Designed by Jeffrey Bernett for B&B Italia in 2001, Landscape is a modern classic. For the 10-year anniversary of this project a new rocking base transforms it into the most modern of rocking chairs, while a cushioned seat with a three-dimensional surface, designed by Kvadrat for B&B Italia in seven colour variations (mustard yellow, purple, yellow, beige, sage green, orange and dark brown) enhances its comfort.
Landscape Rocker, by Jeffrey Bernett, for B&B Italia
Bernhardt Design has unveiled a bar stool called Forest stool by designer Arik Levy. The stool features a stylish collection of horizontal bars at alternating heights, giving the stool an appearance of a forest of trees.
“Forest is the result of the battle between nature and man; the creation of comfort by the variable heights of the footrests.”
- Arik Levy
Hans J. Wegner’s Oculus Chair was designed in 1960, but there were only two prototypes made — one in orange fabric, the other in leather — and the chair was largely forgotten. A half-century later, in 2009, it was rediscovered when Knud Erik Hansen, the owner of the furniture maker Carl Hansen & Son, received an e-mail from the Wegner studio with a picture of the chair from a 1968 magazine.
“The studio asked if we liked the chair,” said Thomas Vagner, the president of the company’s American branch. “Of course, we loved the chair.” The leather prototype had been lost, but Wegner’s family still had the orange chair. “Normally, when we develop or relaunch an old product, we buy it at auction and cut it in two to see what it’s like on the inside,” Mr. Vagner said. But since it was the only one, they had it scanned in 3-D, so they could see the interior.
During a collaborative research workshop organized by dutch company Arco, London-based Okay Studio created a series of new furniture pieces, including the Mushiki storage system by Spanish collective member Tomás Alonso. Named after the Japanese word for steaming vessel, these side tables draw their shape and functionality from the stackable bamboo components of their namesake object’s design.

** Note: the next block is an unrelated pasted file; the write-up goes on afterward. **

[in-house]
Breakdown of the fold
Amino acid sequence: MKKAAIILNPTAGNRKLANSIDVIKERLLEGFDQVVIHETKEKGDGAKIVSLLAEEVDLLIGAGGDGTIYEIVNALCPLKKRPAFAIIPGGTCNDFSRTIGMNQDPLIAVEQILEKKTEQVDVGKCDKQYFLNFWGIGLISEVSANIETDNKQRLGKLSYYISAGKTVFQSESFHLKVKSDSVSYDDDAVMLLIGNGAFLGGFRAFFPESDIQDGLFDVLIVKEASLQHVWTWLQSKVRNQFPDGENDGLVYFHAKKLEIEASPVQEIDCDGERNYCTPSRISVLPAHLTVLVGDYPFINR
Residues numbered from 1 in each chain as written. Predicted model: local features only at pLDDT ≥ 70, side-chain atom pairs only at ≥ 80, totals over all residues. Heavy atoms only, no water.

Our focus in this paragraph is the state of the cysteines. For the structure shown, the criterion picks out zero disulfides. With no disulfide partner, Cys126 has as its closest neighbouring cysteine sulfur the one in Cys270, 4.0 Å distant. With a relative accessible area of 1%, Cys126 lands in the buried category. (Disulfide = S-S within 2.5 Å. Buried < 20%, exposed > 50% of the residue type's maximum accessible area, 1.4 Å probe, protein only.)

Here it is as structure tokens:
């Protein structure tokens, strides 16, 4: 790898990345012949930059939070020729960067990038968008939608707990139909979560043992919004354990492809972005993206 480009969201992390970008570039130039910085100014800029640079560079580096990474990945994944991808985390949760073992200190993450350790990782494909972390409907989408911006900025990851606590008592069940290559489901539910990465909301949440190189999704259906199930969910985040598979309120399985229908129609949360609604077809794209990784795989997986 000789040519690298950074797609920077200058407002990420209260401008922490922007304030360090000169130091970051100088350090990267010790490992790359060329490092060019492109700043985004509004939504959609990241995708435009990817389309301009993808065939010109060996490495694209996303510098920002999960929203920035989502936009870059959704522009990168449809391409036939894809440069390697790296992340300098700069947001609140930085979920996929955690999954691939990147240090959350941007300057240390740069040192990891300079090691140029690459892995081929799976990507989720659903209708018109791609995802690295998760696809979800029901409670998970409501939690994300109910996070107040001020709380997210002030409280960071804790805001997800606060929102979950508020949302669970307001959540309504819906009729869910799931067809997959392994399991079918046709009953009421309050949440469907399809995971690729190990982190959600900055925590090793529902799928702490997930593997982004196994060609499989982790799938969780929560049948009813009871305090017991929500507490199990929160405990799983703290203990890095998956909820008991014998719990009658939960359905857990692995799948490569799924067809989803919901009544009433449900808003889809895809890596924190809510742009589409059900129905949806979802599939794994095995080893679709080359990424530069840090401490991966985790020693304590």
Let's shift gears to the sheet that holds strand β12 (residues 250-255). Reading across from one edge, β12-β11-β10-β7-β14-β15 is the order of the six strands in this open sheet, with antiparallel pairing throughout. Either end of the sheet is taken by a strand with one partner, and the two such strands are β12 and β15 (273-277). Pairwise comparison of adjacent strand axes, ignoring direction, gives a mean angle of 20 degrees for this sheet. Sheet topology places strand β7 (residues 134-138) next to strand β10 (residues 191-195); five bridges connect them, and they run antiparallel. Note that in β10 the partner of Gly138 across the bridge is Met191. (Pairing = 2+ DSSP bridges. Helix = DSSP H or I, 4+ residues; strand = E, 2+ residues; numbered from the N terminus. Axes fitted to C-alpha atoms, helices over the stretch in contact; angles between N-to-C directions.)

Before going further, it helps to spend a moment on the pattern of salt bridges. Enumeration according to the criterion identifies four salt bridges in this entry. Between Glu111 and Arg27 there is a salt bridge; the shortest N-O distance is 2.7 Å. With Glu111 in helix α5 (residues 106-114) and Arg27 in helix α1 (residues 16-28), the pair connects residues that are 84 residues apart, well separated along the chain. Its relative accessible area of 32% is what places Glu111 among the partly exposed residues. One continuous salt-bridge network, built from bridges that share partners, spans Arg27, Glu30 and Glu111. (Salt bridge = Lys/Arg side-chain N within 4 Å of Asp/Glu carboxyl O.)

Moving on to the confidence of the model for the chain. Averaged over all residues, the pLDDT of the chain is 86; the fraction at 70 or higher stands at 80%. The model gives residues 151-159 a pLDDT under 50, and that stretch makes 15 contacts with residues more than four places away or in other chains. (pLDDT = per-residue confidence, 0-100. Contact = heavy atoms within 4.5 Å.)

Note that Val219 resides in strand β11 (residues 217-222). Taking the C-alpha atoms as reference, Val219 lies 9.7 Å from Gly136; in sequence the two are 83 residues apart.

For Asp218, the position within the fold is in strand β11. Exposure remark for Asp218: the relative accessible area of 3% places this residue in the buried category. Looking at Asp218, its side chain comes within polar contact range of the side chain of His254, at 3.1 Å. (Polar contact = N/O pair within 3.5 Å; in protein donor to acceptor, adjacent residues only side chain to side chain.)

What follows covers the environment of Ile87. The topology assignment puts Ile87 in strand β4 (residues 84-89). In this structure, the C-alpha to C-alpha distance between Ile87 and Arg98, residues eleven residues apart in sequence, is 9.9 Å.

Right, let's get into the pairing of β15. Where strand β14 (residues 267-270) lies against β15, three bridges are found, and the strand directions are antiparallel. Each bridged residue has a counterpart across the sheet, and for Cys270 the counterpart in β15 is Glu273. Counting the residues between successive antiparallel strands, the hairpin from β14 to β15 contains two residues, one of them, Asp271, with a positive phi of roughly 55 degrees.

Available in two sizes, each round structure features a column with a wooden hinge running along it, which allows various modules to be stacked, rotated and opened. Like many of Alonso’s designs, these tables combine simple elements to render more complex structures, enabling users to adjust its movable components to explore proportion and spatial relationships. With a strong emphasis on how humans relate to the products, Alonso says, “For me it’s important that what I design makes its way into people’s hands and people’s homes. I would like my objects to be used, lived with and enjoyed.”
Swedish designer Monica Förster has created a series of colorful chairs called Florinda for the Italian manufacturer De Padova. The new chair combines simplicity of form and lightness of structure, The chair comes with a solid beech finish, combined with colorful plastic seat and back. Stackable versions are available, with or without armrests.
Florinda Chairs, by Monica Förster, for De Padova
This brand new multipurpose lounge chair is by its high level of comfort and attractive size an ideal chair for lounge areas, receptions, hotel rooms and dinning and/or living rooms. With a crisp, elegant expression and a whole world of possibilities within material and colour combinations, Didi can be specified into almost any design scheme.
For its first collection, Oeuffice proposes “totems for living”, monolithic objects that dominate the habitat, yet remain entirely functional. These objects are inspired by the geometries that govern architecture, and conceived as domestic altarpieces, infused with a sense of utility, grace and wit. In other words, these “totems” become dominant and narrative objects around which one is invited to stop, to contemplate and to display personal artifacts of importance.
Calico, Laveer, Centina , by Nicolas Bellavance-Lecompte and Jakub Zak, Oeuffice
Sputnik’s design presents a single piece of bend metal rod that defines its structure and function. This inner metal piece holds the legs of the stool together, offering a strong structure, while three highs for the footrest. The different heights of the footrest allow several positions for comfort.
During a collaborative workshop organized by Dutch furniture company Arco, New Zealand-born Okay Studio member Andrew Haythornthwaite created Autoboxes, taking mechanical cues from the children’s toy jack-in-the-box, this project explores structures that can expand and contract with an easy gesture. The two resulting manifestations convert storage objects into display units by simply turning a handle, one expanding horizontally and the other vertically.